The World’s Best Bridge Player Is — Get This — 41 and Lives in Wynnewood
Bridge is an old person’s game. In 2005, for example, the average age of an American Contract Bridge League member was 67. But it is a 41-year-old — Wynnewood’s Eric Greco — who was recently named the Bridge Player of the Year.
Because it’s 2016, the accolade did not come without controversy. Though bridge is a two-person team game, individual players earn “master points” based on how they finish in select tournaments. Most elite tournaments have several events, with different levels of prestige, going at once. As part of an ACBL trial program this year, certain players were allowed to “drop in” to the semifinals of certain events if they played high enough in earlier events — but they could only earn master points in one event per tournament.
“The compromise they came up with was: Whichever master point total from the two events was greater, that’s what they’d get,” says Adam Parrish, one of the partners at enthusiast site Bridge Winners. “This was stupid, but that was the rule that they tried.”
As Bridge Winners writes, it originally seemed that Clearwater Beach’s Jeff Meckstroth would be the 2016 POY. But Meckstroth wasn’t able to get master points from the two events at the Fall North American Bridge Championships, and so Greco and regular partner Geoff Hampson’s second-place finish in the Reisinger Trophy event was enough to give Greco the title.
Philadelphia magazine talked with Greco to ask him about the game, how he learned it, and what it feels like to be Player of the Year — as well as the purported controversy surrounding his victory.
How did you get into bridge?
My parents taught me when I was quite young, five years old. I just started playing tournaments. I was about 13.
What was the attraction to the game for you?
It’s a game of logic. if you’re good with math and logic, you’ll be good in bridge. It’s much more complicated than a game like chess. It’s just a great game, and a consuming game with endless possibilities. It’s entertaining. There’s always something new and entertaining — you’re always learning. It certainly helps keep the mind sharp.
You’re originally from Virginia. How did you end up in the Philadelphia area?
I moved here ever since college, since 1997. A guy I knew from bridge offered me a job trading stock options. Bridge has been great for me — not only from the card game, but I’ve met a lot of amazing people. And it got me my job. I’m still an options trader, still a member of what was once called the Philadelphia Stock Exchange.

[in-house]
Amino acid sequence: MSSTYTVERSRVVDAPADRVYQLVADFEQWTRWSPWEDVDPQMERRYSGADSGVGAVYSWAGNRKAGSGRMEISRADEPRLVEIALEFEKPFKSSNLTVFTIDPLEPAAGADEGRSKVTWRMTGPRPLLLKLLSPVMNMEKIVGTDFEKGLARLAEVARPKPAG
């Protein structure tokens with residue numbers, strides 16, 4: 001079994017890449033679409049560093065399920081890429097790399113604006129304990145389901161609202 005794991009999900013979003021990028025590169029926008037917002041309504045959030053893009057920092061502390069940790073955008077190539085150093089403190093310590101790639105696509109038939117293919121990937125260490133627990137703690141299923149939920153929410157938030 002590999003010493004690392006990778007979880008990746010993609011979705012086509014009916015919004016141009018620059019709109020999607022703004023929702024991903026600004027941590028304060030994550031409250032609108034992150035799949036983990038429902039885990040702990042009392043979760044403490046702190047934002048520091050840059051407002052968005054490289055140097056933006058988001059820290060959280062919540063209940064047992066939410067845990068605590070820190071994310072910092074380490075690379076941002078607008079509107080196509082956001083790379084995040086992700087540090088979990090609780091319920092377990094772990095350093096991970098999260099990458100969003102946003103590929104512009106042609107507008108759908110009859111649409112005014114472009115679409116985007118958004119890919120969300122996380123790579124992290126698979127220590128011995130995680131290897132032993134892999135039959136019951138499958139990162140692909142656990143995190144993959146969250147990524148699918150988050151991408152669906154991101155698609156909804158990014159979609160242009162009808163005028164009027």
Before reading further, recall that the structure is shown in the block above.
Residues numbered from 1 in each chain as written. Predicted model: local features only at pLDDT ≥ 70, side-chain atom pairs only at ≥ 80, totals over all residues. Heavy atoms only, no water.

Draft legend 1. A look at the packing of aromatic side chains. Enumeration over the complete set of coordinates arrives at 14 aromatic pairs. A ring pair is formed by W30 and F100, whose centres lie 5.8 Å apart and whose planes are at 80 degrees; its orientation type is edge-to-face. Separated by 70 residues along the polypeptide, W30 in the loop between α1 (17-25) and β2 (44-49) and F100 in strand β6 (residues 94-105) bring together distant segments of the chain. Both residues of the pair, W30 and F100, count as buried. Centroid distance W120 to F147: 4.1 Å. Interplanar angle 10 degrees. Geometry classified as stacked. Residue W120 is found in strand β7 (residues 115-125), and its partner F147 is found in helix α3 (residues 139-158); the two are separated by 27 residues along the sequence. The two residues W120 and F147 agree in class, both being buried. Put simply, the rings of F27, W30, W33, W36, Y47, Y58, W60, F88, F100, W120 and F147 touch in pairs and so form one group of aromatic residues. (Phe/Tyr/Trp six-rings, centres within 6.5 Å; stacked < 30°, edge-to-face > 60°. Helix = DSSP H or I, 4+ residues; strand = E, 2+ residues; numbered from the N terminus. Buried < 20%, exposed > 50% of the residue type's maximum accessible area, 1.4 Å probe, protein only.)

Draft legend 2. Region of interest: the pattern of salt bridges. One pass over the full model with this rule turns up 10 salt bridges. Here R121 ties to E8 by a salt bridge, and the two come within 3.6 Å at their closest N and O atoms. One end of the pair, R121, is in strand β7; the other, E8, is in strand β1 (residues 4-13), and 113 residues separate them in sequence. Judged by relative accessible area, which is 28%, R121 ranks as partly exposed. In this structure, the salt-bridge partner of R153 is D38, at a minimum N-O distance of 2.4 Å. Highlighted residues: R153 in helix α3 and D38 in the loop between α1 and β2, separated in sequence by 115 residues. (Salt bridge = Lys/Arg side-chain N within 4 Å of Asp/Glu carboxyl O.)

Bridge is seen as an old-person’s game. How did you fit in, especially at first?
When I started playing, I was really the youngest. Now there’s some younger players. But tournament bridge in some ways is a dying game. It’s mostly older. No one’s getting any younger. Bridge back in the ’70s was very popular on college campuses — and there’s a whole generation of players who are playing now. And somewhere around the line, there’s obviously a bit of a stigma attached to it, and people stopped playing it in college. It started dying out a little.
How does it feel to win the Player of the Year award?
It’s a great honor. There’s a number of great bridge players throughout the world that play in these national tournaments. I was actually second last year — a guy beat me out on the last weekend in the fall national tournament last year.
You played with your regular partner, Geoff Hampson, for all but one tournament this year — and in that tournament, you finished ahead of him. Is that basically how you finished ahead of him?
Yes. I won just because I played with one partner in one event. He certainly deserves as much credit as I do for the award. [Editor’s note: Hampson finished fourth in the player of the year standings.]
When did you start playing with Hampson?
I met him at a tournament about 20 years ago in New Orleans. Actually, one of the experts at the time recommended we play together. We were both young and good players and he thought we would do well.
Can you speak about the rule changes this year and what happened that led to your Player of the Year win?
They added a rule this year where they allowed what’s called drop-ins. Sometimes at these national tournaments, there are multiple events going at once. It’d be like if, in the World Series of Poker, you could play in one event and if you lost early, you could drop in the middle of another event and start with an average number of chips. Everyone else in the field would say: That’s ridiculous.
There was a tryout this year: They allowed people to drop in to two or three events if they got knocked out early in the previous events. The person who was second benefitted from this rule. But they threw in a caveat to this rule where you could only get master points for one of the two events. The drop-in rule has never been in place in the past. Hopefully it won’t be a rule again.
The rules are the rules. I don’t think there was any kind of controversy.
If someone is interested in bridge and wants to play it, how do they get into it?
You can get a book, or you can do it online, or go to a bridge club. Obviously there’s a huge community online. There’s certainly a local bridge scene here. They have club games, they have lessons. There’s a club out in West Philly on City Avenue, Raffles. In these tournaments they have all these levels of games: novices, complete beginners, immediate beginners, et cetera. You can play with other people your level, or you can try to play against the best players.